A new investigation by a consumer group has found that many widely used medical devices have never been tested for safety and manufacturers are only required to file paperwork and pay a small fee before bringing their products to market.
"The regulation of medical devices has been pieced together over the years," said Lisa McGiffert, director of Consumer Union's Safe Patient Project.
The patchwork approach has meant the only safety testing for many devices occurs in the bodies of unwitting patients, McGiffert said. She and other consumer advocates are calling on the Food and Drug Administration to revamp the way it approves medical devices.
Thousands of women, for example, have been implanted with transvaginal mesh for bladder support when the organ sags, but the commonly used device has never undergone clinical testing, according to the organization, Consumers Union of Yonkers, which publishes Consumer Reports magazine.
Many adverse side effects linked to the mesh have been reported, the group found.
It also notes 650,000 Lap-Band weight-loss devices, which limit the amount dieters consume, have been sold worldwide, but the Lap-Band's approval was based on a single study of 299 people.
Despite requirements for pre-marketing review, the investigation found few devices undergo rigorous clinical testing and the standards themselves haven't changed in a generation.
Diana Zuckerman, who heads the National Research Center for Women and Families, a Washington, D.C.-based consumer advocacy organization, told Newsday last year most medical devices are never tested on humans.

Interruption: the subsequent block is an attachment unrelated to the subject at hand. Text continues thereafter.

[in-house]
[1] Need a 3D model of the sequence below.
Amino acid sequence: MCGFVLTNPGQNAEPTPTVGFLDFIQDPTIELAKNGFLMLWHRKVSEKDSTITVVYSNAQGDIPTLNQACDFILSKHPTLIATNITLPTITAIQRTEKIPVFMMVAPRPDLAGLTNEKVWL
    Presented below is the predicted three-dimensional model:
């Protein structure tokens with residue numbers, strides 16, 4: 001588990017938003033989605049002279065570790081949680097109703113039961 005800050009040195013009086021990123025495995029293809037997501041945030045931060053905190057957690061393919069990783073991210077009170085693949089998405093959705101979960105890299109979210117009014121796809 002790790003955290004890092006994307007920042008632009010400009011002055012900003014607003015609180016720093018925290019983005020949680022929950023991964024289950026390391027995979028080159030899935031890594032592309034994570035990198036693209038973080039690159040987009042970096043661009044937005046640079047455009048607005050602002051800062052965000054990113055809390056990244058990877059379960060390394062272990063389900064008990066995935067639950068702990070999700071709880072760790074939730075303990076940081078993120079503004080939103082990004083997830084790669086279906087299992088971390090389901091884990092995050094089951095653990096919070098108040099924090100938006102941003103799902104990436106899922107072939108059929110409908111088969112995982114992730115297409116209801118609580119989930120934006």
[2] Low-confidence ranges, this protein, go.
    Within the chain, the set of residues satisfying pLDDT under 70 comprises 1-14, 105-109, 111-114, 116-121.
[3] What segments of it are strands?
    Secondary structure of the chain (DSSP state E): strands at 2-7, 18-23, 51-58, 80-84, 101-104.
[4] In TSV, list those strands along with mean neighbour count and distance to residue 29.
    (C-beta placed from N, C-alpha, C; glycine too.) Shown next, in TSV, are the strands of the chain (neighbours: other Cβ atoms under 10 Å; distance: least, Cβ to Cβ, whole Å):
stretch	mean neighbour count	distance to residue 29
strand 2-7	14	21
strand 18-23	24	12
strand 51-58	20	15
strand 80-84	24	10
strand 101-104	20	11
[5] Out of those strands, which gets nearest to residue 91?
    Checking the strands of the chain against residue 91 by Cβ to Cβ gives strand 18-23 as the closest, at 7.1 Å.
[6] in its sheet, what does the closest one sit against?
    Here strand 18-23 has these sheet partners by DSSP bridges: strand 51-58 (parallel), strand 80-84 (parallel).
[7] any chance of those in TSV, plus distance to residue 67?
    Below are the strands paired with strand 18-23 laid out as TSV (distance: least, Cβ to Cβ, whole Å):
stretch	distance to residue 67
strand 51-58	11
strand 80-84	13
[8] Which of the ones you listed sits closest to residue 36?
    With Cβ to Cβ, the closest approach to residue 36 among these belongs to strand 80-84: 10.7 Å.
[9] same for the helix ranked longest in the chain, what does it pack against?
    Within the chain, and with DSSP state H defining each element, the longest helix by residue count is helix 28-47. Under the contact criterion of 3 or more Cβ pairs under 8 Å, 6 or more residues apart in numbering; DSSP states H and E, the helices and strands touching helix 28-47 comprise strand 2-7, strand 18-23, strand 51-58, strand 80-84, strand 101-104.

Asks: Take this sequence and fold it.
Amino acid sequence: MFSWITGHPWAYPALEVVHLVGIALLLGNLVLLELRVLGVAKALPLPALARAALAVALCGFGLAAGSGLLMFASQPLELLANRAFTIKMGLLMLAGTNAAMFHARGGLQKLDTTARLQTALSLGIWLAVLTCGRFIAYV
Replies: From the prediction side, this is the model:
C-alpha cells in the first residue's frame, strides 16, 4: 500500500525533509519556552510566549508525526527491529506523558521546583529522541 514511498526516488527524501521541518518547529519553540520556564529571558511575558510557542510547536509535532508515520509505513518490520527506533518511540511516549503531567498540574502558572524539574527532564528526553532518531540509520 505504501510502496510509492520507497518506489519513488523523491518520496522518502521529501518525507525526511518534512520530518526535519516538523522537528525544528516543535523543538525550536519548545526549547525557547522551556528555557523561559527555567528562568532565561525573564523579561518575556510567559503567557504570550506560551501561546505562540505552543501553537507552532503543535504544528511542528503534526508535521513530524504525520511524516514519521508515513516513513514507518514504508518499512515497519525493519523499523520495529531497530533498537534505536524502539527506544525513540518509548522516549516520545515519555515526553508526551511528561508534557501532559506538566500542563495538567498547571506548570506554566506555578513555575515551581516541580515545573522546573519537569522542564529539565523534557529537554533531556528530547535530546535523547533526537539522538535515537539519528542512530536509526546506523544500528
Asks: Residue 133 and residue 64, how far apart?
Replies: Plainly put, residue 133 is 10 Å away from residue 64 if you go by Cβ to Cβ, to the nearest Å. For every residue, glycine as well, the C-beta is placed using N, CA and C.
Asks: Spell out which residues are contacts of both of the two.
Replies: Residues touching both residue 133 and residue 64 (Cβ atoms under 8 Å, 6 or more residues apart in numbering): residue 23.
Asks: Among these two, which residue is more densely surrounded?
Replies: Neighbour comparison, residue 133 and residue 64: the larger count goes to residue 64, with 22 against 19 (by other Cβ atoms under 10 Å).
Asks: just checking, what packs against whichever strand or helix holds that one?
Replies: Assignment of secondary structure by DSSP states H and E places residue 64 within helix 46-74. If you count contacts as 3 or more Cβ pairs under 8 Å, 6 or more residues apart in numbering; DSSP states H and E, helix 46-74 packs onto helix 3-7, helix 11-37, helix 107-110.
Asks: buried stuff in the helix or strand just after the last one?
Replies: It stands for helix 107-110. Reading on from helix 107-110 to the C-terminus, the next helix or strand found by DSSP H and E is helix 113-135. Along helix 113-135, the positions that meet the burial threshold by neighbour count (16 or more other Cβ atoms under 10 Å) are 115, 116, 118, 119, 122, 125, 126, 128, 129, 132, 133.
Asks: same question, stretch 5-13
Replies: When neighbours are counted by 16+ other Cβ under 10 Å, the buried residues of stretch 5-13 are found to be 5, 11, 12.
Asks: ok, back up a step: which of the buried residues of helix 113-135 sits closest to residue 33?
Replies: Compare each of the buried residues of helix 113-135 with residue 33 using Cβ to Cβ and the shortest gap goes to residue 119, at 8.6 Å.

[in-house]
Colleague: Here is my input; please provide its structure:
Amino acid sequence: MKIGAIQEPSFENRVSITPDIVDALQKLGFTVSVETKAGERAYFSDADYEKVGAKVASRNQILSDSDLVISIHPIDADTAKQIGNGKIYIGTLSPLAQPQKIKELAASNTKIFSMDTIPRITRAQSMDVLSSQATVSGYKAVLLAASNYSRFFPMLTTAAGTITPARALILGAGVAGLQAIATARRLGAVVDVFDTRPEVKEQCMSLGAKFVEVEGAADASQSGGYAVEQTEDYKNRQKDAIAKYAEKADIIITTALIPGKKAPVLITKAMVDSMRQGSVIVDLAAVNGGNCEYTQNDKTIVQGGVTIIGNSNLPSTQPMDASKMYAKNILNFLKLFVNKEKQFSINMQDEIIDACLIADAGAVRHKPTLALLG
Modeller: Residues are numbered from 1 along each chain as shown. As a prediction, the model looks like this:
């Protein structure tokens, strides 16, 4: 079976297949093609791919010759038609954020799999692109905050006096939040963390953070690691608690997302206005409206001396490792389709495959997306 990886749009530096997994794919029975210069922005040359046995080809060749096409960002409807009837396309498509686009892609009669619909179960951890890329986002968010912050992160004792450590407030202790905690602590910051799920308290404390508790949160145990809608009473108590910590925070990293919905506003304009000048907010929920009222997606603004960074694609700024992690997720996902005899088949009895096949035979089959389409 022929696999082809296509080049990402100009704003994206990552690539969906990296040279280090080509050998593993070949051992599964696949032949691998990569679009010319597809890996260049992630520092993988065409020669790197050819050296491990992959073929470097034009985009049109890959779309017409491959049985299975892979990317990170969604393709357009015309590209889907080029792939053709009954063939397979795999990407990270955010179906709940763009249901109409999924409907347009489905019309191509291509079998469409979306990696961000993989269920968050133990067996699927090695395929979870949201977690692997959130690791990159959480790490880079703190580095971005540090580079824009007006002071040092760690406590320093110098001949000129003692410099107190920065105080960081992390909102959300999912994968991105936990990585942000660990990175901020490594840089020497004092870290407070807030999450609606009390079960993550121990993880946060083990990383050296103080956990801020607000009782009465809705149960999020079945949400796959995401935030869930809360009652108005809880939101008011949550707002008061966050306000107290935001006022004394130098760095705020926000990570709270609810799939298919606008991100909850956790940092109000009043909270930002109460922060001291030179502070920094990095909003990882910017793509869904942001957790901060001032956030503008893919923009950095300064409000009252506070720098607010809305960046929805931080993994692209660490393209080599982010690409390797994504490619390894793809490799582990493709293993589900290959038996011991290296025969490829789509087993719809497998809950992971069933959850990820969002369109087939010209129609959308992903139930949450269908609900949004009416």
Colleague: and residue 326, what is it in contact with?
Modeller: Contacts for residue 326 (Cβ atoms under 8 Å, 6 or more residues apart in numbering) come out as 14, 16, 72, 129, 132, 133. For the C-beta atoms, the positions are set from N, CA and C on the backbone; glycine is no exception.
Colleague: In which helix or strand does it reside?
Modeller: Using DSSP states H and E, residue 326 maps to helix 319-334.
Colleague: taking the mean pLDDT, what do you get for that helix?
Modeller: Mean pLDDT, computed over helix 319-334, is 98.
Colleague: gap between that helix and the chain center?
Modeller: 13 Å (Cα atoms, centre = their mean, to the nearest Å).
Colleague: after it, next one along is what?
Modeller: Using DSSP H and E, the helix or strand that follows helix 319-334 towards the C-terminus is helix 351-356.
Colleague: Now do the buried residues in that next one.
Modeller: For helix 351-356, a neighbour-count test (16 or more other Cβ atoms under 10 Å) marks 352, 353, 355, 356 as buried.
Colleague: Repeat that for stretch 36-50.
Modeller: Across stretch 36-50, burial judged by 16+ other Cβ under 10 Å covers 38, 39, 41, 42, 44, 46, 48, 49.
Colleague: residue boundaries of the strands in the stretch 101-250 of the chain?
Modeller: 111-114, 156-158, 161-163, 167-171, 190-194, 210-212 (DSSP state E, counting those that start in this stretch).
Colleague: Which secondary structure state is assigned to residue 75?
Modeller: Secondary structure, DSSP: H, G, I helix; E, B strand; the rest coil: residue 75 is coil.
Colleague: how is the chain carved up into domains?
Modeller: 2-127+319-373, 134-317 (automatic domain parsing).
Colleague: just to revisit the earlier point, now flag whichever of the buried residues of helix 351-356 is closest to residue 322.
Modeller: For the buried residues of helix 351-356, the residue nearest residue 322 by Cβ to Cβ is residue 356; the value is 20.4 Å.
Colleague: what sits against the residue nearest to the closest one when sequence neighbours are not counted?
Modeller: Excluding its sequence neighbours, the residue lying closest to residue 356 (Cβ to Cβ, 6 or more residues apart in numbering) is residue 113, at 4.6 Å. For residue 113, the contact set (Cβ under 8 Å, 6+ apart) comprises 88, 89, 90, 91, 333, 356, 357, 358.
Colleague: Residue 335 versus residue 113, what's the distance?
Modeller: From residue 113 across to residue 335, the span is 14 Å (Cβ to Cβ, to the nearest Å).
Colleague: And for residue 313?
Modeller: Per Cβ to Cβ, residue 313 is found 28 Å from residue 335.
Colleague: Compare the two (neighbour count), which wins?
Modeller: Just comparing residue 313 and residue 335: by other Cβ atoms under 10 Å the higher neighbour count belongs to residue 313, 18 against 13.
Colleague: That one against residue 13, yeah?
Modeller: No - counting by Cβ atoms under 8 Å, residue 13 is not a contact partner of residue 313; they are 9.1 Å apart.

Worse, some devices recalled for posing life-threatening risks, she added, were approved through an expedited process or were exempt from review.
Wednesday, Zuckerman -- who applauded Consumers Union's research -- said most people have no idea medical devices are not held to the same strict scientific testing standards as prescription drugs.
"This is a huge problem," Zuckerman said. "It is a terrible state of affairs when someone is going to get a heart valve or a hip replacement and they don't know if it has ever been tested in a human being."
Consumers Union found, for example, that an artificial hip called the ASR XL developed by DePuy, a division of Johnson & Johnson, not only was ineffective for walking, but leached chromium and cobalt particles into patients' blood.
The metal-on-metal ball and socket was touted as an advance over other types of implants. DePuy has since recalled them.
Since 1976, medical devices have been divided into three classes: I, II and III.
Under FDA law, extensive agency review and pre-marketing approval are required for high-risk class III devices, such as implantable heart valves, intraocular lenses and stair-climbing wheelchairs.
Limited review is required for class II devices, including magnetic resonance imaging devices, hard contact lenses and battery-powered wheelchairs. None is necessary for most class I devices, such as tongue depressors and manual wheelchairs.
McGiffert said a major problem with the approval process is that many complex devices are automatically given a green light when a similar product is already on the market.